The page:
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Sam
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Category: Tax
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I sold a property in Spain in August 2013, but the proceeds

Resolved Question:

I sold a property in Spain in August 2013, but the proceeds are still being held in euros. For UK CGT purposes, will the sale proceeds be based on the exchange rate at the date of sale, or can I take into account the loss on exchange I would incur if I were to exchange today? Would I need to make the exchange back to Sterling in the same tax year as selling the property?
Submitted: 3 years ago.
Category: Tax
Expert:  Sam replied 3 years ago.
Hi


Thanks for your question. My name is XXXXX XXXXX I am one of the UK tax experts here on Just Answer.

The sale proceeds are based on the exchange rate at the time of sale, I am afraid - as this was the true value at that time.
And I am afraid you cannot take into account the loss of the exchange rate, as this has no affect on the capital gain position.

And it does not matter when you transfer the money back into the UK, because if you are a UK citizen, then you are taxed on your worldwide income, so this sale has to be declared to HMRC for 2013/2014
But if you are a non domicile - you could consider being taxed under the remittance basis.
Let me know if this applies to you, and I can advise further whether this is a viable position to consider.
But also then advise whether any of the money has been remitted into the UK to date (or spent in the UK) and how long you have been a resident in the UK and the gain made (approx.) in sterling

Thanks

Sam

Customer: replied 3 years ago.

Thanks for your reply. My question was prompted by an article I found here:


http://www.taxcafe.co.uk/resources/tipsforforeignpropertyowners.html


specifically the last 2 paragraphs in section 6. Is this information incorrect or no longer valid?


 

Expert:  Sam replied 3 years ago.
Hi

Thanks for your response

I have read the article, and much of what this company publisise isn't quite offering the full facts as it bends the legislation for own situation to try and make it fit another, and many of their "advise" has led to challenges by HMRC and owed tax by taxpayers.

Whilst there is scope for an individual/businesses to be liable to capital gains on foreign currency exchange, as there is the ability to have a loss considered for the same,you have to be trading in foreign currency (as a trade)to even be considered for this, whereas you have sold a property abroad and the tax point has already been fixed to be the date of sale, and that's where your capital gain position arises.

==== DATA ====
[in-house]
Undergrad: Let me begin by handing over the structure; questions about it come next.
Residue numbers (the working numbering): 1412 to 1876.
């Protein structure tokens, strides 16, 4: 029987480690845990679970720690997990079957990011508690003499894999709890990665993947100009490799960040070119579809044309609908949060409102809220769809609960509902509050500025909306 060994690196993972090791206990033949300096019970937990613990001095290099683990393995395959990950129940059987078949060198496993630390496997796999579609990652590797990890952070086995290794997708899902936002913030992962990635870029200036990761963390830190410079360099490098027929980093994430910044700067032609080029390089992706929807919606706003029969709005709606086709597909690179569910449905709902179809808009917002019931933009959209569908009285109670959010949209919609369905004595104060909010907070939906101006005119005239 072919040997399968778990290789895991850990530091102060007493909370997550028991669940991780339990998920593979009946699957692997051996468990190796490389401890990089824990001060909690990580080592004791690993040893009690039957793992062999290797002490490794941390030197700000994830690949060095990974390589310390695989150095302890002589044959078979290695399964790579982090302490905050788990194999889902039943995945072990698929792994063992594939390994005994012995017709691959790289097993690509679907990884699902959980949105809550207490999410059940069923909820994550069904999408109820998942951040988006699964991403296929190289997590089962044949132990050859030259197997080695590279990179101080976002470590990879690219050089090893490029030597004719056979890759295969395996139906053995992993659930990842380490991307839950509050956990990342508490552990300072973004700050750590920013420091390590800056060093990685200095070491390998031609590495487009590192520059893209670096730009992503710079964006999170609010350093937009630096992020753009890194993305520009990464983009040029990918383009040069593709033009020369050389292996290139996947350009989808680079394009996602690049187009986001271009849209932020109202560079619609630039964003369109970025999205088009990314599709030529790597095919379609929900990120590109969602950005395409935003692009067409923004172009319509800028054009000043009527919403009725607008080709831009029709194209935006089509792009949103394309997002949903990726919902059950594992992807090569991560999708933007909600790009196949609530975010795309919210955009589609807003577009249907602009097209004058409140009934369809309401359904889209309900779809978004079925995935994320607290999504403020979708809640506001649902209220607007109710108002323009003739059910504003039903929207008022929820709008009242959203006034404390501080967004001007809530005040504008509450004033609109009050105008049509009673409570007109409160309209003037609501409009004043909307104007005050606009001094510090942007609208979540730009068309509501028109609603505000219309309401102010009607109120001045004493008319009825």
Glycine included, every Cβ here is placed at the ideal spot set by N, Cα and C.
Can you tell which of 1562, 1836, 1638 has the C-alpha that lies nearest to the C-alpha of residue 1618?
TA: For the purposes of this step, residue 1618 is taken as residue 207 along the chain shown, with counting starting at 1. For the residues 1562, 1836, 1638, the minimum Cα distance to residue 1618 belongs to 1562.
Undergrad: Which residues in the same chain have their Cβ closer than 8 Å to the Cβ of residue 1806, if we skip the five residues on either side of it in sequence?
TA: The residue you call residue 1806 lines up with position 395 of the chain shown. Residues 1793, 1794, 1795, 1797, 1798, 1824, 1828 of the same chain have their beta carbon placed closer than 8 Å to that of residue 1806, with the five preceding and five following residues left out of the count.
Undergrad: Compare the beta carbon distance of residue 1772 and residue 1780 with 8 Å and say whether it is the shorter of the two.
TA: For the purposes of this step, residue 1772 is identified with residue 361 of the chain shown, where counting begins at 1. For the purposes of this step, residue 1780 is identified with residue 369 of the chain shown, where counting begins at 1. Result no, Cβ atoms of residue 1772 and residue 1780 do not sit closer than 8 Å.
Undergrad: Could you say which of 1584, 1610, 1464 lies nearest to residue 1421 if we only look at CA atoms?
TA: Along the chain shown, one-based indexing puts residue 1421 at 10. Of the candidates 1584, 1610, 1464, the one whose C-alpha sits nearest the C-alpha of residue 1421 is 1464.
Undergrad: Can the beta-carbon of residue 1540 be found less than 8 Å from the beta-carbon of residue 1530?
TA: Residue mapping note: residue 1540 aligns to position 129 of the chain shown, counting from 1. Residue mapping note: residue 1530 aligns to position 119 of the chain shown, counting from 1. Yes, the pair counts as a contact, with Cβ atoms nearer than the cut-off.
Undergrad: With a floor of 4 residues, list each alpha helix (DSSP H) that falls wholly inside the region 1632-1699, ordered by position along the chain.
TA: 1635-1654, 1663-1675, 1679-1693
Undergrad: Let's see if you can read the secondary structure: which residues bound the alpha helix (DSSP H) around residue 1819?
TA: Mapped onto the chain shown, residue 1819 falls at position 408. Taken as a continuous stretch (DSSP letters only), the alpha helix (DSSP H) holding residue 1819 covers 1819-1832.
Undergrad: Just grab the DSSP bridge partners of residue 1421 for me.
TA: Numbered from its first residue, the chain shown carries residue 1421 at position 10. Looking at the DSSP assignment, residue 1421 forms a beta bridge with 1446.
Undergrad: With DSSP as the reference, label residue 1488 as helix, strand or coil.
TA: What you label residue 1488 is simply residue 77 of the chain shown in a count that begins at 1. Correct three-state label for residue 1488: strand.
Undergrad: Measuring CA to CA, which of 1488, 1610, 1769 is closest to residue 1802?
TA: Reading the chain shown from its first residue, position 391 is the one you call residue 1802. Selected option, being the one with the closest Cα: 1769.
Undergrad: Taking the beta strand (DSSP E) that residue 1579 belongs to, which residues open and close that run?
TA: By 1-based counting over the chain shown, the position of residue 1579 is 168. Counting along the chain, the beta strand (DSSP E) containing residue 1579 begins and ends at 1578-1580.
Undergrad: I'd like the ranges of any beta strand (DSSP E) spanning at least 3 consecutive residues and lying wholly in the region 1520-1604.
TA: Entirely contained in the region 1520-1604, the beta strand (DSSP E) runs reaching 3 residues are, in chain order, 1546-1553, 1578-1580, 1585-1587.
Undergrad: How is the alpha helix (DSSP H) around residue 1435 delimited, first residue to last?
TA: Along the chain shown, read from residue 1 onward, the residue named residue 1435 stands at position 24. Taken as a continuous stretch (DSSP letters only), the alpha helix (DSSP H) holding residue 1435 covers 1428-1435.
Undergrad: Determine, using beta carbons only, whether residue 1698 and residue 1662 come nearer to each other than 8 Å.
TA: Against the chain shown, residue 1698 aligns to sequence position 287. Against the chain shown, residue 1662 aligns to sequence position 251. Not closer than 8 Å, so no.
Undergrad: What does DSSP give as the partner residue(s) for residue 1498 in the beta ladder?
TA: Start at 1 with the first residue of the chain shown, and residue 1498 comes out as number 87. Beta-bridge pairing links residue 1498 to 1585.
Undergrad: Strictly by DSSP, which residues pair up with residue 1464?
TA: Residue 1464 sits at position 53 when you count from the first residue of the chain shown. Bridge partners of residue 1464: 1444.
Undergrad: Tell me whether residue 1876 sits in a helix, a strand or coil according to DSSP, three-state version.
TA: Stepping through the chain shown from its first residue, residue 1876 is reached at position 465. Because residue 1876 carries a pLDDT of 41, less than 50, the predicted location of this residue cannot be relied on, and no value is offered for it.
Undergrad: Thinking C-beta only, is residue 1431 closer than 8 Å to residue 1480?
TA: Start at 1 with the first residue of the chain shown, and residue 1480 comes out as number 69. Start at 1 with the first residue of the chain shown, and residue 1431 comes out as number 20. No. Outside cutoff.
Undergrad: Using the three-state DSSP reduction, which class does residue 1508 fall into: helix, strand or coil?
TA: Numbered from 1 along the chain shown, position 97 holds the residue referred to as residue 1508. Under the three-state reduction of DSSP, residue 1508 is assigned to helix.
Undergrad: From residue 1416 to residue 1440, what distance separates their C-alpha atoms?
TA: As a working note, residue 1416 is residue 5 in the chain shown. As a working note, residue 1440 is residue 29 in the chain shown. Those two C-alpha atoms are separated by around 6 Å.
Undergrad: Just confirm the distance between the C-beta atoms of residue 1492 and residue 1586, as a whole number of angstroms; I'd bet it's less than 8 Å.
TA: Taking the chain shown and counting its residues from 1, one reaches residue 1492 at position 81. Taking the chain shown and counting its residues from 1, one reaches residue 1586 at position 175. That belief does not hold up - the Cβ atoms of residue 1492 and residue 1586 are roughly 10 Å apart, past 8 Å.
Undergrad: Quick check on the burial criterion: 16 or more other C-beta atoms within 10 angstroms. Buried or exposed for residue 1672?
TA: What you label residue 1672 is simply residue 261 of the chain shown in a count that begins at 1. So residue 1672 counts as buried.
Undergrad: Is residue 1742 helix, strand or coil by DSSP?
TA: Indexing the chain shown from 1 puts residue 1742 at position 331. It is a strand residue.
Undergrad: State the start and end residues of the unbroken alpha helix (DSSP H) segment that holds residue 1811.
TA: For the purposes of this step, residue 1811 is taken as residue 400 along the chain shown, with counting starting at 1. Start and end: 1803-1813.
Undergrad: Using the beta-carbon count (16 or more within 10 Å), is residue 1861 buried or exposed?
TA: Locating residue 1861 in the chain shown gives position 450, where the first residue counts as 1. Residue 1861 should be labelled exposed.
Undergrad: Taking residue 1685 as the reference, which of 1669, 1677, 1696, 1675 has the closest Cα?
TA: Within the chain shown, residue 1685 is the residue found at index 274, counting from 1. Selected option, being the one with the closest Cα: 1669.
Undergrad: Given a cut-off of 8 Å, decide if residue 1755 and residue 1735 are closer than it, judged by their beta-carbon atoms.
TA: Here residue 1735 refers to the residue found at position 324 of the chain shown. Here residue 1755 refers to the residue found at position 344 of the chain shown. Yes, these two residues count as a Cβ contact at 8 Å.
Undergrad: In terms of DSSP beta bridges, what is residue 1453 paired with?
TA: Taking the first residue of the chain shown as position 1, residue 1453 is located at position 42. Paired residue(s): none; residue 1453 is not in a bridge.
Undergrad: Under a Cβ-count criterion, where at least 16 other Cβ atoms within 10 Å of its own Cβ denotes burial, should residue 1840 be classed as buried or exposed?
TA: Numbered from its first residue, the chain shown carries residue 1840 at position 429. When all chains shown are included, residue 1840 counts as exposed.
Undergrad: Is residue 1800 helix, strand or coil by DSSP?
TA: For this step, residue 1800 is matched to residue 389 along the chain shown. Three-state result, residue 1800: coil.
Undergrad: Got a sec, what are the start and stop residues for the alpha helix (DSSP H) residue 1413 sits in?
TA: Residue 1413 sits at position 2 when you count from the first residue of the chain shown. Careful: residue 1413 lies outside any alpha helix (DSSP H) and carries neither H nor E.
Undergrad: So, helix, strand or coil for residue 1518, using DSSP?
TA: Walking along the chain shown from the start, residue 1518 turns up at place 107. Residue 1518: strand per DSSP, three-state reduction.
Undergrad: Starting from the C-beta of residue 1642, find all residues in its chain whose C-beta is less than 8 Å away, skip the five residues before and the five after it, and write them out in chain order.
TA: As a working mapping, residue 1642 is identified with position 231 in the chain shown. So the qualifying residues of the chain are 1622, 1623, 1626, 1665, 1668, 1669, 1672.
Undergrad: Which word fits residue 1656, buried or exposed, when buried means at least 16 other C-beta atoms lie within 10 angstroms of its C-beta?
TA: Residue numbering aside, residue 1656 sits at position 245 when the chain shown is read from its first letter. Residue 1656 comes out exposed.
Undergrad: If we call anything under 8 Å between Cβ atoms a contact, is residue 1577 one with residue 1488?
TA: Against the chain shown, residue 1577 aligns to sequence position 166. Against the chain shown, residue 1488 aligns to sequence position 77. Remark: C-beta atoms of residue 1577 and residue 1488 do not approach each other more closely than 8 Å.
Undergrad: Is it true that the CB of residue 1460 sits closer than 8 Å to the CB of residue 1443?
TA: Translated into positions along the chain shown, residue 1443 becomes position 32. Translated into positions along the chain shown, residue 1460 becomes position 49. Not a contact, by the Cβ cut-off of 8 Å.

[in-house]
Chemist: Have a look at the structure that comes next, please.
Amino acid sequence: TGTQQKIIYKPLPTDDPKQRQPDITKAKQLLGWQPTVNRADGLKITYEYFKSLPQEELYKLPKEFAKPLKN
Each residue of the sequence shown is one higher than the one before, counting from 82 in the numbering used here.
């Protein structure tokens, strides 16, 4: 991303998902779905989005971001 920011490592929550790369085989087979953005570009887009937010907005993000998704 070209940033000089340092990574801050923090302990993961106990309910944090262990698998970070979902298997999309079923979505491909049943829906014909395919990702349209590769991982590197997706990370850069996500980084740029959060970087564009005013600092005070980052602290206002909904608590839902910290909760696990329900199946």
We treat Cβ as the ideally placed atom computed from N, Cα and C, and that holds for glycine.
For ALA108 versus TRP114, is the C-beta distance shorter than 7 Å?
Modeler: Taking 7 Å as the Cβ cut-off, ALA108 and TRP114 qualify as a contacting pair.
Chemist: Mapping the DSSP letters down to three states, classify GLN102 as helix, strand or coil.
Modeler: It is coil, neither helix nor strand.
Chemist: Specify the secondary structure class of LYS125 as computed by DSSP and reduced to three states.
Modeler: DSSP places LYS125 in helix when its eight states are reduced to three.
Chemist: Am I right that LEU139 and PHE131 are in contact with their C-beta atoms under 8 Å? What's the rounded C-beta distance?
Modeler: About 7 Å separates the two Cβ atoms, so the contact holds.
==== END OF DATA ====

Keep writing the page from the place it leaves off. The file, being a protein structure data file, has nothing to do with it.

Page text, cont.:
What happens with the money, after that tax point, it up to you - but in itself any gain or loss is not considered to have a further liability/loss on exchange. So whilst this article is suggesting that loss of the exchange rate can be considered (and advises you to remit the money into the UK in the same tax year) its not offering the whole picture which is misleading.

Had you brought the money into the UK at the time the sale was complete you would not have made any loss on the exchange rate (other than perhaps the difference between the exchange rate at the time of purchase, when compared with the exchange rate at the time of sale)but when and how you utilise the proceeds from the sale - has no bearing at all on the capital gain transaction which arose back in August 2013.
And its only the costs surrounding the purchase and sale and costs borne during ownership, such as capital improvements that can be considered within this capital gain transaction.



Thanks

Sam








Customer: replied 3 years ago.

If the opposite situation had applied - if the exchange rate had moved in my favour since the sale, resulting in a gain on exchange, would I have been liable to UK tax on that gain? If so, it would appear we have a totally one-sided situation whereby I would be taxed on any gain, but cannot claim for any loss. Is it the case that a foreign currency holding is treated differently for CGT purposes from other assets, such as shares, gold, etc.?

Expert:  Sam replied 3 years ago.

Hi

 

Thanks for your response

 

 

 

No you would not have - as again you are not trading in trying to make a profit from exchange rates of currency. So you neither suffer or lose the position of exchanging money for tax purposes - as these are personal funds

 

 

Thanks Sam

Sam and 2 other Tax Specialists are ready to help you
Customer: replied 3 years ago.

OK, thanks for your help.


 

Expert:  Sam replied 3 years ago.
HI

You are very welcome and I am sorry that this misleading article has given you false hope - and so glad you sought professional help before proceeding with claiming this loss of currency against your gain position.

If you could take the time to rate the level of service, you have received, it would be appreciated, as this credits me for my time

Thanks

Sam

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